Wednesday, June 18, 2008

Like Father, Like Son

I've inherited something from my father that I'd hope would skip a generation, but sadly it has not. Tomorrow, I have surgery to deal with the dreaded C-word.
No, thankfully not that C-word. I mean the other one: cataracts.
I'm pretty much blind in my right eye; the world it sees is one of indistinct blurs and overpowering glare.
My left eye (which also has a cataract that so far has not impaired its vision) is taking up all the work of providing details and textures. It's done such a good job so far that my total vision is hardly impaired at all, but my right is another story. In bright conditions, like a sunny day, it's useless.
I walked across a street downtown today and just for fun, I closed my good eye to see what I could see. It wasn't much. I couldn't even tell what colour the traffic light was.
So tomorrow I have surgery on my right. I'll be in the hospital about two hours; the procedure itself only takes about 15 minutes. This is a far cry from my father's day when the surgery took hours, and weeks were spent lying still and recovering. In my father's case, the operations on both his eyes were botched; he went blind in his right eye, and it was a miracle he could see anything out of his left eye. His glasses lens was a quadfocal and seemed to be made from a pound and a half of glass.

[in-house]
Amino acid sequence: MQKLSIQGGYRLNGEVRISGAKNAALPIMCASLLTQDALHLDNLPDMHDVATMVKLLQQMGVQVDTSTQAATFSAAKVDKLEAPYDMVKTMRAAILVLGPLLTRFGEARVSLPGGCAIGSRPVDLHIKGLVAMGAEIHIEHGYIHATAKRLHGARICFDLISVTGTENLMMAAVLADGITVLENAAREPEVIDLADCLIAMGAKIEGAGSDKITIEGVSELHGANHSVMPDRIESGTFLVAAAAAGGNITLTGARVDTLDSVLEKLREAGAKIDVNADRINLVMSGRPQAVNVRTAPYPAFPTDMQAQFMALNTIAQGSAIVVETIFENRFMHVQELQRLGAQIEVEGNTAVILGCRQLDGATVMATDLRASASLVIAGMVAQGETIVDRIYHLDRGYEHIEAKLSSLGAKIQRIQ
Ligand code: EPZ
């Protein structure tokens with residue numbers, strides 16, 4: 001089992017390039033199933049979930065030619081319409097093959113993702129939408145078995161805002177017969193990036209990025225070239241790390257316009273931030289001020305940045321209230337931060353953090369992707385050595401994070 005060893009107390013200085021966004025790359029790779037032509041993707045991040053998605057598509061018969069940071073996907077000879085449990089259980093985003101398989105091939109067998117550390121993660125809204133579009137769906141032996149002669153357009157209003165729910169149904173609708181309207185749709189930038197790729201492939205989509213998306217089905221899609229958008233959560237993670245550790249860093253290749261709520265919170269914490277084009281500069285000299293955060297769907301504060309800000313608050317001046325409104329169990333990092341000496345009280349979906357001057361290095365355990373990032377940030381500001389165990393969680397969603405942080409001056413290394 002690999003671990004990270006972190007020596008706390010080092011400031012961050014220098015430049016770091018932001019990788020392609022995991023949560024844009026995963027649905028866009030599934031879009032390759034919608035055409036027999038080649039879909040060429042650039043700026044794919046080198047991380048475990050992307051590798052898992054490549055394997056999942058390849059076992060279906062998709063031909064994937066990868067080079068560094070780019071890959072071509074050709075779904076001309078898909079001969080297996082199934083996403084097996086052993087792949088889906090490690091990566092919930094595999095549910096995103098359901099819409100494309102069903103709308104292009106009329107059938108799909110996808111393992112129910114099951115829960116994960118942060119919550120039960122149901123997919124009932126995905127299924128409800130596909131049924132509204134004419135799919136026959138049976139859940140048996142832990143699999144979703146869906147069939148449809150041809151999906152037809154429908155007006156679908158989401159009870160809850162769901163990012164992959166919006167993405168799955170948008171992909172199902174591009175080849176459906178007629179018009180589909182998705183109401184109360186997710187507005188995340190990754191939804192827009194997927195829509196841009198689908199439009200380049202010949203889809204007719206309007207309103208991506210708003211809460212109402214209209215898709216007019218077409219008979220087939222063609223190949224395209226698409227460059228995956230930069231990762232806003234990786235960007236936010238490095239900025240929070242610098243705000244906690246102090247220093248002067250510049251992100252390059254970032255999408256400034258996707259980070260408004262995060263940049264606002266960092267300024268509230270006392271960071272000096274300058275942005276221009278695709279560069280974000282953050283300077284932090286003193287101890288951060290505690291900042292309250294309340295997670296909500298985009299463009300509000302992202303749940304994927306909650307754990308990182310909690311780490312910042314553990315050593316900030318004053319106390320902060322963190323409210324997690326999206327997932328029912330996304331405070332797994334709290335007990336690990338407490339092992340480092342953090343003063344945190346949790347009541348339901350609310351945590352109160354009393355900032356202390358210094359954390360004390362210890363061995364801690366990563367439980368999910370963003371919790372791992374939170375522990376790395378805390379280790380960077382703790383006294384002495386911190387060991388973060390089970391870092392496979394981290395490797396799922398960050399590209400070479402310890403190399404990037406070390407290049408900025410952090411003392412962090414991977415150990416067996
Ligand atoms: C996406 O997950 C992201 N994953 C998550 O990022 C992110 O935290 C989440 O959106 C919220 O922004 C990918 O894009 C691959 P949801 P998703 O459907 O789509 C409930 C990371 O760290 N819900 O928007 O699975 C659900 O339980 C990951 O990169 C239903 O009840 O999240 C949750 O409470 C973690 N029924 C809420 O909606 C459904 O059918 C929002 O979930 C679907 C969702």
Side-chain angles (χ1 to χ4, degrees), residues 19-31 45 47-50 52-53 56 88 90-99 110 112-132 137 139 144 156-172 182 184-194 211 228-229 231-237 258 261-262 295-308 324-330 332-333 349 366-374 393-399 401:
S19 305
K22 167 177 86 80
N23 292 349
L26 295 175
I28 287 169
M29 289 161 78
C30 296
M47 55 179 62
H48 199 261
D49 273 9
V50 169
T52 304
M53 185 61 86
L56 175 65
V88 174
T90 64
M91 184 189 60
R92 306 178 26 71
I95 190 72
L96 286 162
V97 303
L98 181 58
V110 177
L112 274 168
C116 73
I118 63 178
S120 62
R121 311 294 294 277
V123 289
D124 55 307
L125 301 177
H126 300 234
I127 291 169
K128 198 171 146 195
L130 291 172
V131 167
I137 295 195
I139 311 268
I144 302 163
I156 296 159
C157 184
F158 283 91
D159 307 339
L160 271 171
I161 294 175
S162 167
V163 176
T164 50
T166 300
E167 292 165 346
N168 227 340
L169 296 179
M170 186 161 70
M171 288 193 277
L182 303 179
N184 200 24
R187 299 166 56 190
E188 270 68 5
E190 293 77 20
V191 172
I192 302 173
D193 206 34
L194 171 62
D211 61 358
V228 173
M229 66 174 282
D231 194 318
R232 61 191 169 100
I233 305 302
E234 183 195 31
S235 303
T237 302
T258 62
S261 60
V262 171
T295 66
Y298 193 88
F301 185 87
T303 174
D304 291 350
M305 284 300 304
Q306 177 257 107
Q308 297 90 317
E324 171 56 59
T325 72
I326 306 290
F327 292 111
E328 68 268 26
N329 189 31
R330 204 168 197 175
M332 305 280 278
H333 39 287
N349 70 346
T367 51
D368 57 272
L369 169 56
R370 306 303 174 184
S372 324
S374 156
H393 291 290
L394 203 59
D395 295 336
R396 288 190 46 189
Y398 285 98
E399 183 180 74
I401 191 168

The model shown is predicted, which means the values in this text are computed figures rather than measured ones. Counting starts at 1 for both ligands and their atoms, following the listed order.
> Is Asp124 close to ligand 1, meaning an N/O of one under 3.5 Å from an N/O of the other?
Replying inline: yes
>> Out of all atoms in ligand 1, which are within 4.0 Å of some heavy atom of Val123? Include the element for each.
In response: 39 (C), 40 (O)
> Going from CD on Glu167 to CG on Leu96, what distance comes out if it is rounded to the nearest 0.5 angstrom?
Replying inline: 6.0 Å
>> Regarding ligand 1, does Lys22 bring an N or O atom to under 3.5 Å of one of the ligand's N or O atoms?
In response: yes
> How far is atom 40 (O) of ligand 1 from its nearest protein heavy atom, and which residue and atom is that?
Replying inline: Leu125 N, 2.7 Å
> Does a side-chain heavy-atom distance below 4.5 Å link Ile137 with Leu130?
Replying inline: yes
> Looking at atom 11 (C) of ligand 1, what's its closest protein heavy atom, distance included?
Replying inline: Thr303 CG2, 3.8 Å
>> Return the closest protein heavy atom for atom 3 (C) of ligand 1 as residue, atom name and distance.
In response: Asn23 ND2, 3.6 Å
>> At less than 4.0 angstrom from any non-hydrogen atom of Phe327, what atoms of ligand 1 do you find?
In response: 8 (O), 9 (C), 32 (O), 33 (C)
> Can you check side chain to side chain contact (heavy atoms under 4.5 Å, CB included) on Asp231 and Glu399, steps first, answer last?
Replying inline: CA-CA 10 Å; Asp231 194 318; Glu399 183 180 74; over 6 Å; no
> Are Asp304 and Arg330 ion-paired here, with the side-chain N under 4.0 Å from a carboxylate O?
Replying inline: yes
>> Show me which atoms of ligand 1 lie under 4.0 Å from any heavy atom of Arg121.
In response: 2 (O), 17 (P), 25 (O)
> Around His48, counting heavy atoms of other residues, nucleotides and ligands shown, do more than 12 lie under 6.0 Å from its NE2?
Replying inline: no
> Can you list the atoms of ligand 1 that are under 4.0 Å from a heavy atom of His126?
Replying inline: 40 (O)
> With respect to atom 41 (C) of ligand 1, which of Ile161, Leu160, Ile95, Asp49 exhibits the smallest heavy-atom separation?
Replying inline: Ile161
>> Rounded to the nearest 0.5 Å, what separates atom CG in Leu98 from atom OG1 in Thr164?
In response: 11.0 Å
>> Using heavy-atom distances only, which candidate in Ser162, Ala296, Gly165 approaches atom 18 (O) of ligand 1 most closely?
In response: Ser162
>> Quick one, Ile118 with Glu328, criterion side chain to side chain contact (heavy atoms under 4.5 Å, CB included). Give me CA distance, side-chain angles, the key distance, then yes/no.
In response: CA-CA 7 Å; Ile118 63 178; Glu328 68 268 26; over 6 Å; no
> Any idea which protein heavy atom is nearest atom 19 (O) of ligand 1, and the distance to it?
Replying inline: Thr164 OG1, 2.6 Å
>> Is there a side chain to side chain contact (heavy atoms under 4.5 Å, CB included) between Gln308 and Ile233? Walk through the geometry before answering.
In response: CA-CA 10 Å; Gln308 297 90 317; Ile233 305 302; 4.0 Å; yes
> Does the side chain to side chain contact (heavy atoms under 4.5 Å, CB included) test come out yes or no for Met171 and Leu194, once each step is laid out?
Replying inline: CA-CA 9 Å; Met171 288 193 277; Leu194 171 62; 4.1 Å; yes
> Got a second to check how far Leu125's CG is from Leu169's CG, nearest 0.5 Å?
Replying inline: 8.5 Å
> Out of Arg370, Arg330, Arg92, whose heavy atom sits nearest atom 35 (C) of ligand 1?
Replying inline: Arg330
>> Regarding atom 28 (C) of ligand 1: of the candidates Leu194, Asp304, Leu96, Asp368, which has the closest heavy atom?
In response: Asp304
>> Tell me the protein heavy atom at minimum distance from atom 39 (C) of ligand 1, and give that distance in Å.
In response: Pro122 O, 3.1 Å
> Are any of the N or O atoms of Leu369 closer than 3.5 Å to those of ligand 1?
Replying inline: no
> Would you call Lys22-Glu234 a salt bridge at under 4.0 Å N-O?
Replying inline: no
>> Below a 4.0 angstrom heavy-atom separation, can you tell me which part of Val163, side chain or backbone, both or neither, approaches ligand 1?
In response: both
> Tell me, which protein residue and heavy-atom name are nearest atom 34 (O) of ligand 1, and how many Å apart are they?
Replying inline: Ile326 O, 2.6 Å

As you might imagine, thoughts of my father weigh heavily on me today.
Of course, today's surgical techniques are totally different. Tomorrow, they will cut a small incision in my eye and insert an instrument that will break up my cloudy lens. The same instrument will suck the bits of destroyed lens out of my eye.
At this point, I really will be blind in that eye.
A second instrument will be inserted that will deploy a new plastic lens. Hopefully the lens will seat properly and I will be able to see something afterward. It's hard to predict exactly what my vision will be like afterwords. The odds are that I will need glasses.
And later this year, the left eye will get done.
Chances are everything will go fine; there are no signs of anything else wrong my eyes, so the prognosis is good. I'll know more tomorrow after the surgery.
Tune in then. Same Bat-time, same Bat-channel.

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